Saturday, June 9, 2012

Opening Doors with Shoeboxes

Here is a story I found at Samaritan's Purse about how God is working in India to open doors that are shut tight. This story is not new.... but it still stirs the heart.

Since 1993, more than 5 million Indian children have received gift-filled shoe boxes through Operation Christmas Child.

Sometimes Jose remembered the life he used to lead. He had been a respected businessman who sold carpets made from coconut skins. Friends frequently visited his home. Fellow Christians encouraged him in his faith.

Now he felt isolated and weary, as he struggled to show God’s love to the people of Kottayam, a predominately Hindu village located on India’s south coast. He knew this was the place where God had called him, but the community remained skeptical of his efforts. He knew why other Christians had been hesitant to come here.

But the Lord continued to increase Jose’s love for the people of Kottayam. He started working in a slum, ministering to those deemed untouchable by the Hindu caste system.

“I stayed in the area, sleeping in people’s homes and eating with them,” he said. “I got such a great burden for those people.”

Other Hindu residents were hesitant to accept Jose and his family. No one wanted to rent a house to him and when meetings were held at the church, Hindu leaders stood outside yelling and making so much noise that those gathered could barely hear what was spoken.

For seven years, life continued on this way.

Then members of India’s Operation Christmas Child National Leadership Team approached Jose and several other pastors in the area. They said the region would be a great place to distribute gift-filled shoe boxes sent by Christians in America. The gifts would give pastors a unique opportunity to share the Gospel and show God’s love in a tangible way.

When Hindu families saw the gifts their children had received, many asked Jose: “How can these people, who do not know us, give us these kinds of gifts?”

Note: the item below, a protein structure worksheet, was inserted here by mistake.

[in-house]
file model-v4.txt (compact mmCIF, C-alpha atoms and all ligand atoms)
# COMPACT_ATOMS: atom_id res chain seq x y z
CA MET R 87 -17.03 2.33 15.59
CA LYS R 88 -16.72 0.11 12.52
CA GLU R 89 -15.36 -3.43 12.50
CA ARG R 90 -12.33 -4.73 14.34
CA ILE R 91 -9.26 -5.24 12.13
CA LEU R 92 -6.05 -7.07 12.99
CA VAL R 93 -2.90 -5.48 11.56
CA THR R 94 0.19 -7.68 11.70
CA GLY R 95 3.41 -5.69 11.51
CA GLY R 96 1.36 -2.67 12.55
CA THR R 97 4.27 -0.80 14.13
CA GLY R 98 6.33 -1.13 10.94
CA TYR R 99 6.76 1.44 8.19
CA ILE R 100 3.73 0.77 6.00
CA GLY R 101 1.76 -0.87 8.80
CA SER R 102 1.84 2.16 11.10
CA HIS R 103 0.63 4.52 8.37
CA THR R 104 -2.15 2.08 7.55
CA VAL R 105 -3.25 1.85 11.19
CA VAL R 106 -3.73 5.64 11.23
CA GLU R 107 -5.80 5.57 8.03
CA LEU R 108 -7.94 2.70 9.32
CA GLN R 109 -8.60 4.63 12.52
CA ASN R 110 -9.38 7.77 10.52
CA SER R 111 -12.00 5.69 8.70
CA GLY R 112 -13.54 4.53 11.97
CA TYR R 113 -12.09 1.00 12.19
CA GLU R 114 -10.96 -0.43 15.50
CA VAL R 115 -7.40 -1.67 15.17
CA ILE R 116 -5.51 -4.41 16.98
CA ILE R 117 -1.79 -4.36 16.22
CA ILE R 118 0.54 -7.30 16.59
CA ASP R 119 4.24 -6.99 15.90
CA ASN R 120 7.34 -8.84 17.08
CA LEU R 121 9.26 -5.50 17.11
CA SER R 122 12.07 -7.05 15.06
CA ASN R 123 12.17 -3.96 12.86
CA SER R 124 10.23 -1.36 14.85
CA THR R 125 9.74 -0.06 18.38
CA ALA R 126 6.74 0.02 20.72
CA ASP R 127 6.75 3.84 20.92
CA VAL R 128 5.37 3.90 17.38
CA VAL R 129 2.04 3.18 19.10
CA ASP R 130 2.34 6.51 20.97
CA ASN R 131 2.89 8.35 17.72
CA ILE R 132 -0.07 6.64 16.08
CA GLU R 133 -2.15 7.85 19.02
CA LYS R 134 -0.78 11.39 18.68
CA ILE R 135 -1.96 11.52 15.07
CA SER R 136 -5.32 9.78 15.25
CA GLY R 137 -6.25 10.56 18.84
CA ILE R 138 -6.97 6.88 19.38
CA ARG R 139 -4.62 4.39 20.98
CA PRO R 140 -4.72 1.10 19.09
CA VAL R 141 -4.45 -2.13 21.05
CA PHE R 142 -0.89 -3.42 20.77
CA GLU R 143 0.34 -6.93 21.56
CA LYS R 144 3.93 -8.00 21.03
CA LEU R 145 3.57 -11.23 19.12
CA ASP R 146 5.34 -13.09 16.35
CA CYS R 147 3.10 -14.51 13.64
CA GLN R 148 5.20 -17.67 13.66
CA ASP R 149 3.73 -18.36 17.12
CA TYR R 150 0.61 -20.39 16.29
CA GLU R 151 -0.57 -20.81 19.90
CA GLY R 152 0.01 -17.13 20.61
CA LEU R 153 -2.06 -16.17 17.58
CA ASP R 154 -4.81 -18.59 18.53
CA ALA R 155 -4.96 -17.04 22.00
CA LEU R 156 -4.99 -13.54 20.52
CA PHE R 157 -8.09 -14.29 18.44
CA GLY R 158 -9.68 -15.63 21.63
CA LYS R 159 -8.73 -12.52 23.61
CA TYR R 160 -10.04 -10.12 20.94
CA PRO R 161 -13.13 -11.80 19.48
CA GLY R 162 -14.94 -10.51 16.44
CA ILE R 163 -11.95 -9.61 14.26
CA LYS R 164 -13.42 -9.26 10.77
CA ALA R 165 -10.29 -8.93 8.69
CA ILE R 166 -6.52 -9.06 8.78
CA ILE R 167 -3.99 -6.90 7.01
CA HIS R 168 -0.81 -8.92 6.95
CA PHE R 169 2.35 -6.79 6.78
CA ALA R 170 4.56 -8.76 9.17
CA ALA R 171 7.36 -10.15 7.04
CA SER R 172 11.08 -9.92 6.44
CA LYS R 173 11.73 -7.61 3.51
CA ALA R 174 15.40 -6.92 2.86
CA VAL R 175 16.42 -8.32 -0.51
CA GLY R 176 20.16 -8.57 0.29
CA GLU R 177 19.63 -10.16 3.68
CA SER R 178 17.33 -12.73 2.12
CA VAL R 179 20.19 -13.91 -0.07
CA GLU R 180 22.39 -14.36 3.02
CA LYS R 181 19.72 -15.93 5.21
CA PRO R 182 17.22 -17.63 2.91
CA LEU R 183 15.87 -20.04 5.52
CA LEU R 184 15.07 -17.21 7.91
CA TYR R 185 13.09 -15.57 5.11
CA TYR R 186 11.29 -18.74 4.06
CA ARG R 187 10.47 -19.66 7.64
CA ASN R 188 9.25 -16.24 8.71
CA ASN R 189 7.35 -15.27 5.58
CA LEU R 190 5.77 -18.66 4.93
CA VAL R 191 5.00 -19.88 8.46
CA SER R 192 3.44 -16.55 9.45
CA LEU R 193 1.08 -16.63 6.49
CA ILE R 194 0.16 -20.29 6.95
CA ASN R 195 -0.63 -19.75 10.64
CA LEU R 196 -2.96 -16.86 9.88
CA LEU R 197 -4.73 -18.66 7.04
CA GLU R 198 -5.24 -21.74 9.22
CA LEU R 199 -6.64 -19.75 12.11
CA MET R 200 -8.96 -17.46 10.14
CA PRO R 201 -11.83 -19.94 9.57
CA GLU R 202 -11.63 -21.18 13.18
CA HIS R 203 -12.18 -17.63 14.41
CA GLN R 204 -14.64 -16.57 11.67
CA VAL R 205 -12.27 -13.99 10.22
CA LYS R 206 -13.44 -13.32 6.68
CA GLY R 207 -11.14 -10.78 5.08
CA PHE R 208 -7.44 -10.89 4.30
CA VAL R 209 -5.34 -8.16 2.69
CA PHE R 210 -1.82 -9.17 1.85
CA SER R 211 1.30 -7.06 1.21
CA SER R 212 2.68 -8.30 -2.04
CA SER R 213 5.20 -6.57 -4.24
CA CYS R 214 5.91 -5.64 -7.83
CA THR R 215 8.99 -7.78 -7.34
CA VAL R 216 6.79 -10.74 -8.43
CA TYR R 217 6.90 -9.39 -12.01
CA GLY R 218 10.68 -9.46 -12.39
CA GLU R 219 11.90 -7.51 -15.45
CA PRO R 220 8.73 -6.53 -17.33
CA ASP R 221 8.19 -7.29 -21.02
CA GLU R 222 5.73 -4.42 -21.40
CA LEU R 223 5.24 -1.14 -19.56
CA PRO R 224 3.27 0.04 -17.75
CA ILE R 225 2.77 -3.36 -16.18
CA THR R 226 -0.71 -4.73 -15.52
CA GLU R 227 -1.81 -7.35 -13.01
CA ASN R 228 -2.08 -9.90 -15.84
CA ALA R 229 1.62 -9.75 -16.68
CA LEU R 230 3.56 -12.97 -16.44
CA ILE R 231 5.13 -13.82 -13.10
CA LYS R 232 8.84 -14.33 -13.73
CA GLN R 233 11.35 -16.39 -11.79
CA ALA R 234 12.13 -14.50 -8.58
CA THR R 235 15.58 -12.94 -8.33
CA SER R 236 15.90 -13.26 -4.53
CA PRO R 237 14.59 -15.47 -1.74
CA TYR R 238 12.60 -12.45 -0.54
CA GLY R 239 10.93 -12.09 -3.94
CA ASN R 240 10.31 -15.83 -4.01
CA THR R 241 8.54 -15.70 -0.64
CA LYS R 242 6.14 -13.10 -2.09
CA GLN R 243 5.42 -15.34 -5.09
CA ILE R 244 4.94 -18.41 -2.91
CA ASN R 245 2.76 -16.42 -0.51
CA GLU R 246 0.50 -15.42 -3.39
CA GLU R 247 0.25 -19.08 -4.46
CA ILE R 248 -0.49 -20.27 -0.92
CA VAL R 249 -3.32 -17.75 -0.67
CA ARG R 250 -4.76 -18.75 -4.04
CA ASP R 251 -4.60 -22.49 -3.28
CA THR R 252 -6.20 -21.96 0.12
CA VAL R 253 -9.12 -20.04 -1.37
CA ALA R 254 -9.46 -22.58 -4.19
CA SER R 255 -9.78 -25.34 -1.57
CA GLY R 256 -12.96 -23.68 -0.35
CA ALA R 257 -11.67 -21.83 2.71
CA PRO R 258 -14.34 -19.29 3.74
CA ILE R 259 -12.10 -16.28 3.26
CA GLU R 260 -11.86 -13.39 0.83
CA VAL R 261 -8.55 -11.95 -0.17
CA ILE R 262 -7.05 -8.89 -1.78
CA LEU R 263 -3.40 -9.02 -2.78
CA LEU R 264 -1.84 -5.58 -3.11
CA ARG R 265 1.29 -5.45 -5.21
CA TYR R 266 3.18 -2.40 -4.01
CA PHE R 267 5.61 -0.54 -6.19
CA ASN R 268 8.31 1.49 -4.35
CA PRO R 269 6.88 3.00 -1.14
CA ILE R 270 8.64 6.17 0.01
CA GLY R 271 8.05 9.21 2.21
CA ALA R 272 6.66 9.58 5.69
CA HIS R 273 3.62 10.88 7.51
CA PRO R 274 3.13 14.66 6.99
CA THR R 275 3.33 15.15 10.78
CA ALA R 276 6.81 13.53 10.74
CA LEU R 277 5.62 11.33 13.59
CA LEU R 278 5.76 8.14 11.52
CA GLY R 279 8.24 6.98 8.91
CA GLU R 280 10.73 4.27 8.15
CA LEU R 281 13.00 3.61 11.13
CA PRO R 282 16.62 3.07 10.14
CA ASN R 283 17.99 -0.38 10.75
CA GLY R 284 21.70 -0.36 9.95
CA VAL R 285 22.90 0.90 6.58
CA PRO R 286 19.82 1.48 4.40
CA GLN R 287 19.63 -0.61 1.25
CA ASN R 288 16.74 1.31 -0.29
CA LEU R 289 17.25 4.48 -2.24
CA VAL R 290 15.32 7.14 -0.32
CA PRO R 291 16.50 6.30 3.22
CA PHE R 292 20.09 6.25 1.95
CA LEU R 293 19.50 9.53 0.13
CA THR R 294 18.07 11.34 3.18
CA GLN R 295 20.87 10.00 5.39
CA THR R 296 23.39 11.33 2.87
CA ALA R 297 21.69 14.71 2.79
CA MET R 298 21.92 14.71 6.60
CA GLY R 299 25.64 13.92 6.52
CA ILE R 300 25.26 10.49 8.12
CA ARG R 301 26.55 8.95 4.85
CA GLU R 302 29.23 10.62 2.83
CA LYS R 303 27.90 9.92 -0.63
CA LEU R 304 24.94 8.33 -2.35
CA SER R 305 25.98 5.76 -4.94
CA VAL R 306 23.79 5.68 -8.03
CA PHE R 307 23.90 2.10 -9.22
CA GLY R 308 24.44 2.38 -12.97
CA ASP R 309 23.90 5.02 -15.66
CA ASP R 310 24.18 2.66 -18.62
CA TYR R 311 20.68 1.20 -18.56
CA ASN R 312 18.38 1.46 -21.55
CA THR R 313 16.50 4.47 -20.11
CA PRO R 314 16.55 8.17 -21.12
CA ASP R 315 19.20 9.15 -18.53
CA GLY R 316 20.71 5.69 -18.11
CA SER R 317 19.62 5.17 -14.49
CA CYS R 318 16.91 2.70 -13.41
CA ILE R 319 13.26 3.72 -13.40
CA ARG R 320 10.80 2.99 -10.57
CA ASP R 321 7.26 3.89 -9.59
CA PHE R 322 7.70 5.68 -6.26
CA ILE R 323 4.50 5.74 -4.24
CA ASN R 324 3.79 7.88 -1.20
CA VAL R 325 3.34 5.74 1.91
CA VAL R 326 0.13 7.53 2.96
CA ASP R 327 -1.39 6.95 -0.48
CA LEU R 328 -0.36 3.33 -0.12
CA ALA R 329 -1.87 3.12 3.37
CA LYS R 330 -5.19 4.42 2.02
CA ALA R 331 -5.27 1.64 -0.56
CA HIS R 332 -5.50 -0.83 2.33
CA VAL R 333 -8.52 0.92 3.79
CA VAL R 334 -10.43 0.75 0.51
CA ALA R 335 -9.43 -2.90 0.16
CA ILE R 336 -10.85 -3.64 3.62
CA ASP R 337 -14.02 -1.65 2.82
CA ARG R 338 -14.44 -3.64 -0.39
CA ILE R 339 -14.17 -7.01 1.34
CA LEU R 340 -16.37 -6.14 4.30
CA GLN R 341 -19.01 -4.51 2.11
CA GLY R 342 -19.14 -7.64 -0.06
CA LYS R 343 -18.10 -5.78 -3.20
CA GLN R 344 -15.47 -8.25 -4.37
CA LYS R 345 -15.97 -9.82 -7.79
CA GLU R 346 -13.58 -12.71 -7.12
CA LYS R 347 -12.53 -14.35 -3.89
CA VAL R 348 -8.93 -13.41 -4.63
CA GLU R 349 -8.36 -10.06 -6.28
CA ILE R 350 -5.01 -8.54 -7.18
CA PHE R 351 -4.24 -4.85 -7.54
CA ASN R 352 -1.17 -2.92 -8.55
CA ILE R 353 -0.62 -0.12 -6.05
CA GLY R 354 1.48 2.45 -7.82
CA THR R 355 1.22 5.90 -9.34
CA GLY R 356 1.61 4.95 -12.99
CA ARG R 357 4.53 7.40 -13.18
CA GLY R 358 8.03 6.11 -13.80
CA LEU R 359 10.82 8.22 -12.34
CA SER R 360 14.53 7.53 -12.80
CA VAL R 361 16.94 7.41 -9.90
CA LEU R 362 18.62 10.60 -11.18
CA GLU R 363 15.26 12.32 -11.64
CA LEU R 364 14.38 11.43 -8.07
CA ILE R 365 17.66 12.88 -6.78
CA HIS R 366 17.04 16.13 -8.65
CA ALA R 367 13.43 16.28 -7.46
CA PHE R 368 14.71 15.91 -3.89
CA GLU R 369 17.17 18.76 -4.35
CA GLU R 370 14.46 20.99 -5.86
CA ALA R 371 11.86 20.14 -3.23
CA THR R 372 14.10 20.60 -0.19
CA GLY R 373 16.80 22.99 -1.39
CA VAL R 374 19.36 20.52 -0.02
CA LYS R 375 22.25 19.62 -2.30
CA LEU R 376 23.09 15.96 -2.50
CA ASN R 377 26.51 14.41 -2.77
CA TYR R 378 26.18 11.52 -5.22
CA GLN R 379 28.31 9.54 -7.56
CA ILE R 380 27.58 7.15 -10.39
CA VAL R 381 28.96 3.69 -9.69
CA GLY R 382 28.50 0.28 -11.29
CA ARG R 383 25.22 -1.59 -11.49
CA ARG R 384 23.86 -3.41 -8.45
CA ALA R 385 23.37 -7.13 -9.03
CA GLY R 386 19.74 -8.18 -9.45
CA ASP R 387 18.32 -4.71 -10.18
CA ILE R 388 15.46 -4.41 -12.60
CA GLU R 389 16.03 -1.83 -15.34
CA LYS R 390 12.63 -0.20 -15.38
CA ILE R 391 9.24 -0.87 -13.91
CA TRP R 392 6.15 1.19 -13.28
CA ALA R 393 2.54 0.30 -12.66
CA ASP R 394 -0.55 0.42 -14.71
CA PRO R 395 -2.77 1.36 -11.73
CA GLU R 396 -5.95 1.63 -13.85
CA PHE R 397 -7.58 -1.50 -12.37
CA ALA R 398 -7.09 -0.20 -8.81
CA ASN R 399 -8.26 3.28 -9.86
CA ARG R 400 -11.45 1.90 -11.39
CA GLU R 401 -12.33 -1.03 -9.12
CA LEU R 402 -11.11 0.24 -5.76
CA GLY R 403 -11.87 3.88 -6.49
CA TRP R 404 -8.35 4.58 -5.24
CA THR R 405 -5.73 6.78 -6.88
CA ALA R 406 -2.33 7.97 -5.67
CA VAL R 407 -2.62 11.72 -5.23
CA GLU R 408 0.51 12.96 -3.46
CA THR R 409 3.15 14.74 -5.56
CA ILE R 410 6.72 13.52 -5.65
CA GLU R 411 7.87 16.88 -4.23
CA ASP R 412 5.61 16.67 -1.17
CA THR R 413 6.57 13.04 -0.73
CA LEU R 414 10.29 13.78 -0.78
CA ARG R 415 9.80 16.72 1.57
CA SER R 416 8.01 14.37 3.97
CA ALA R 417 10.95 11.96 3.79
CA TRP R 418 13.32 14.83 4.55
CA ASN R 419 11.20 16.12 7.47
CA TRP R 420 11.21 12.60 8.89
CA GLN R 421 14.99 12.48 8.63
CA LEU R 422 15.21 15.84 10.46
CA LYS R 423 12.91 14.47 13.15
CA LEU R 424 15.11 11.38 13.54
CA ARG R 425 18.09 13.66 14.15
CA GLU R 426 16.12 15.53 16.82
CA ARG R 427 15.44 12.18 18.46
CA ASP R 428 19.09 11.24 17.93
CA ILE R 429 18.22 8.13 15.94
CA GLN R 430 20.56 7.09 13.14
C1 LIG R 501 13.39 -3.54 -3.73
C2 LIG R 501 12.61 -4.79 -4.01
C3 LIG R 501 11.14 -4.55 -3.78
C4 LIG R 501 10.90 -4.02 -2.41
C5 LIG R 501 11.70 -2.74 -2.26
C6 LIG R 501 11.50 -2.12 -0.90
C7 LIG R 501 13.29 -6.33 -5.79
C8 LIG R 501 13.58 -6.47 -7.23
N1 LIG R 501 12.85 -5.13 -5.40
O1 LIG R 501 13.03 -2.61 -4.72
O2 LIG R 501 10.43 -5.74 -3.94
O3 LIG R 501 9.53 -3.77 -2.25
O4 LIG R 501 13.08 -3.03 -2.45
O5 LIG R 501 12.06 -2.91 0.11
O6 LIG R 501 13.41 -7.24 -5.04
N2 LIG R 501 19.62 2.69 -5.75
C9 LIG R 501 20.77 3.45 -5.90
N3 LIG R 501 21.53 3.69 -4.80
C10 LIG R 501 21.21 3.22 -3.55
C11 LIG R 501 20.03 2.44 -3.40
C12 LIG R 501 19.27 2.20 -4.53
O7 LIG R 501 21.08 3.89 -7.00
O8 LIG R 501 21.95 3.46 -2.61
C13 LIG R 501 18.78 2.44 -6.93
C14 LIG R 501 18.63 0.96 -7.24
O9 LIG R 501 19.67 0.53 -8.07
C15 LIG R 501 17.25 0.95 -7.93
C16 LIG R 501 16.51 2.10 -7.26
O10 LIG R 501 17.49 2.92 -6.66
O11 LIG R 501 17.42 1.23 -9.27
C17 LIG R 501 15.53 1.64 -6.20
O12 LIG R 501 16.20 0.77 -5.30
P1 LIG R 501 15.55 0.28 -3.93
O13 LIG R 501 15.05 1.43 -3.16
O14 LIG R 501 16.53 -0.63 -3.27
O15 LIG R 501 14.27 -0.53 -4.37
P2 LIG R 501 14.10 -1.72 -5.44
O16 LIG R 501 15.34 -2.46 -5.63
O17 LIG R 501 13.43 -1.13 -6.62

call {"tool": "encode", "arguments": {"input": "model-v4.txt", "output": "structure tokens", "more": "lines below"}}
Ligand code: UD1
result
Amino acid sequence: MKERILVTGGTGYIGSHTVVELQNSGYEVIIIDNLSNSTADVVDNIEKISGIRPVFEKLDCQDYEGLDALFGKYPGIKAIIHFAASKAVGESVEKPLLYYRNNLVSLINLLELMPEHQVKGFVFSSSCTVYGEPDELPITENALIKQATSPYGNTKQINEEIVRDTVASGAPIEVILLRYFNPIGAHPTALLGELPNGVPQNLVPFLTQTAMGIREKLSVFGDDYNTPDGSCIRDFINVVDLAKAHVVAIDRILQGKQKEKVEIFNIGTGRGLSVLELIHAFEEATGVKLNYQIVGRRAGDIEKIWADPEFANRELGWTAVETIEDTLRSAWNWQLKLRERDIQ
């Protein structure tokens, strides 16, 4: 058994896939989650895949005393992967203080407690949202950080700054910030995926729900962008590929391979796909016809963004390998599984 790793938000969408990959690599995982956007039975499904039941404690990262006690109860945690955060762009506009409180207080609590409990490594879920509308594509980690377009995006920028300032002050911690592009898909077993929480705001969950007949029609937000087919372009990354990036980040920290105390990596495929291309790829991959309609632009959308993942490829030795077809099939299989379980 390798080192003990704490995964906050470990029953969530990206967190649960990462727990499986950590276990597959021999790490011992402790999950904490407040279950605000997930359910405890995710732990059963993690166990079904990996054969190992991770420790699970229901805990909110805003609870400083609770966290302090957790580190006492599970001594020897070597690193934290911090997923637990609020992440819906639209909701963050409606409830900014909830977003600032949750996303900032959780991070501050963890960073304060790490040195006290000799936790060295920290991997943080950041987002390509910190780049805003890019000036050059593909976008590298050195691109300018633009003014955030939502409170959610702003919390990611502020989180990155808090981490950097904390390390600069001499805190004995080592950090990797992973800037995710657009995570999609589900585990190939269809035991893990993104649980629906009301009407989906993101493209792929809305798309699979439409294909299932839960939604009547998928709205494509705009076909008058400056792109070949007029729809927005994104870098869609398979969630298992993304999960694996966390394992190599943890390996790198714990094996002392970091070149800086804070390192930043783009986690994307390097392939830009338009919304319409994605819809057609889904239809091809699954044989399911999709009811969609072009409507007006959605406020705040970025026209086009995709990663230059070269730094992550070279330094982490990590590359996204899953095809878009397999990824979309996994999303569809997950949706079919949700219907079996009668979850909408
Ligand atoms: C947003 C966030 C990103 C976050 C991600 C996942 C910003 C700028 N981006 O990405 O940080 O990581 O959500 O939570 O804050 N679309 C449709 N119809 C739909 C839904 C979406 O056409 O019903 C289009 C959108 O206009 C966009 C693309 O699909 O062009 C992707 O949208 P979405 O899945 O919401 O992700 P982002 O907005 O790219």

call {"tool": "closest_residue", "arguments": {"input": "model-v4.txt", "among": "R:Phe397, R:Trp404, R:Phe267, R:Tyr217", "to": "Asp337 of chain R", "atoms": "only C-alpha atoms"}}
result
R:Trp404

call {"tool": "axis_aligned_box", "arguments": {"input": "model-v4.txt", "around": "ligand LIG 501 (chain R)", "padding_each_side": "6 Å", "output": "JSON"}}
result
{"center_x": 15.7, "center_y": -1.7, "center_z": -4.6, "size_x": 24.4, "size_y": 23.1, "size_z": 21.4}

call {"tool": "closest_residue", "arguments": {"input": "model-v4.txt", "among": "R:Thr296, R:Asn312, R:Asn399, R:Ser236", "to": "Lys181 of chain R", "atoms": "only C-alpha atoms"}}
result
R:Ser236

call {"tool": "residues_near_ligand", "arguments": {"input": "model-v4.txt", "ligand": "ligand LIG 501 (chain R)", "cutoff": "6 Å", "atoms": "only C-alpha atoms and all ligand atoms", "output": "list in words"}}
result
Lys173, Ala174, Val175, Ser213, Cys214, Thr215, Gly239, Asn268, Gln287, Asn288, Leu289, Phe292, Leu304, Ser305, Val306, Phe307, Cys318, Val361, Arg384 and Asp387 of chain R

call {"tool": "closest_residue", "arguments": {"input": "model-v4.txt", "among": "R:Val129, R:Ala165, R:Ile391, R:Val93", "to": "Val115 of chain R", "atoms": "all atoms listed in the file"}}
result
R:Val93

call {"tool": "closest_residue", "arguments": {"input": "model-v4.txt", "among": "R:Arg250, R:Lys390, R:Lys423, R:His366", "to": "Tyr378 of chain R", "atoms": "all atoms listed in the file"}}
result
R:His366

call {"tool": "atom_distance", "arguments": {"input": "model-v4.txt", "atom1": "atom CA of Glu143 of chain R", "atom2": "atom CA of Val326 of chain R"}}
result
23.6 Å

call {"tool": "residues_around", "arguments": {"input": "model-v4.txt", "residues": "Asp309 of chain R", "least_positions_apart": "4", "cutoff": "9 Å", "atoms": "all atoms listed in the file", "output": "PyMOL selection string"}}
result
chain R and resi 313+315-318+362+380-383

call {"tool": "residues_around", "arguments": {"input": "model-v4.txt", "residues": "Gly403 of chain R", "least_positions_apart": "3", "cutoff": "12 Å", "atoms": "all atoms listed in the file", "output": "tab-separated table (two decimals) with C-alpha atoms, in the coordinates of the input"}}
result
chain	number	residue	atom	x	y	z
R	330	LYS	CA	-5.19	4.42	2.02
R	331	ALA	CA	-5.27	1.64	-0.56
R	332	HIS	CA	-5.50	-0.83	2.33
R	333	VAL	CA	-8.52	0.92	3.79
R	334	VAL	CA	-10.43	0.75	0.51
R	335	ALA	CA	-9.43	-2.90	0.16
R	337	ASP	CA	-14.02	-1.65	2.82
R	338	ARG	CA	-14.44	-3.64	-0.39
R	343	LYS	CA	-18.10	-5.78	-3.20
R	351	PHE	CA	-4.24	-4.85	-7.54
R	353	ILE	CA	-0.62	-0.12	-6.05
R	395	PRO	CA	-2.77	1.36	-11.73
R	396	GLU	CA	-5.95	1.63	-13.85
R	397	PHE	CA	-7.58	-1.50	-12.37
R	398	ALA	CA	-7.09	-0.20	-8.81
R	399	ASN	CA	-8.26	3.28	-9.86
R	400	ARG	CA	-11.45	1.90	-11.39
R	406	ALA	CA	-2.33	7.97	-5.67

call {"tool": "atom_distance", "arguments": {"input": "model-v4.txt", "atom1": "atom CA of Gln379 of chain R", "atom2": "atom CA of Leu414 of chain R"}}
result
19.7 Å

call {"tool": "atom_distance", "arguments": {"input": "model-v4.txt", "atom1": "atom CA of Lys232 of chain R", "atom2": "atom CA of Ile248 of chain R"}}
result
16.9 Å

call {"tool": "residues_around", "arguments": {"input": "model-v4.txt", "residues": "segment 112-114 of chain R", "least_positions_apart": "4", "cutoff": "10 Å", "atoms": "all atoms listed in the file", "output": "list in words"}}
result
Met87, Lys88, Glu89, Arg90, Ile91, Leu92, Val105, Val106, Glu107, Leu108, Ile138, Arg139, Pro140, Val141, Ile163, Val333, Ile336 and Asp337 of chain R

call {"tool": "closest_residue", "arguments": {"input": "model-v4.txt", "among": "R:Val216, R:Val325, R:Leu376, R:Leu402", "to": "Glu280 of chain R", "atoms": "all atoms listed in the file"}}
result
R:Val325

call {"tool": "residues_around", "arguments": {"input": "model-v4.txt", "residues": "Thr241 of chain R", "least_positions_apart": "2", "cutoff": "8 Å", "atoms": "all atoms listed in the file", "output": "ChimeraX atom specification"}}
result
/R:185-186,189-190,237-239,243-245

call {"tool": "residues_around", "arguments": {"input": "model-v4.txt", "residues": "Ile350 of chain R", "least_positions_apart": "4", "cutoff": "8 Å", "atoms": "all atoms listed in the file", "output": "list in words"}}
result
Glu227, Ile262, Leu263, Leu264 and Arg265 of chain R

He said the answer was found in Jesus Christ—God’s greatest gift—and invited them to learn more through Operation Christmas Child’s 10-week discipleship program.

The congregation began to grow.

“People are coming to his church because they realized that this man has not come to destroy their community, but to help them,” said Solo K. Philip, one of India’s Operation Christmas Child regional coordinators.

In fact, when residents learned that several people were planning to harm Jose and his family to force them out of the village, the community came to his aid.

“They told this group not to attack him,” Solo said. “They said, ‘We don’t have any problem with this pastor. He’s so kind and cooperative and our children have learned so many moral things from him.’”

The attackers backed down, and Jose continued his ministry. Parents now bring their children to the church each week to learn about Jesus and His teachings.

Operation Christmas Child continues to make this kind of impact throughout India. In 2007, Operation Christmas Child, through a foundation grant, commissioned an independent consulting firm to survey government officials, parents, community leaders, and Christians living in India about the impact of the program. What they found was that the program gave pastors and church leaders an unprecedented key to open access in resistant areas throughout the country. The research also indicated that it enhanced visibility, credibility, and stature of pastors and Christian workers and had a lasting impact on children who received gifts.

“There are a lot of social and humanitarian activities going on in India, but this is a ministry that raises up the next generation for the Lord,” Solo said. “It just starts with shoe boxes and through that builds relationships with the people.”

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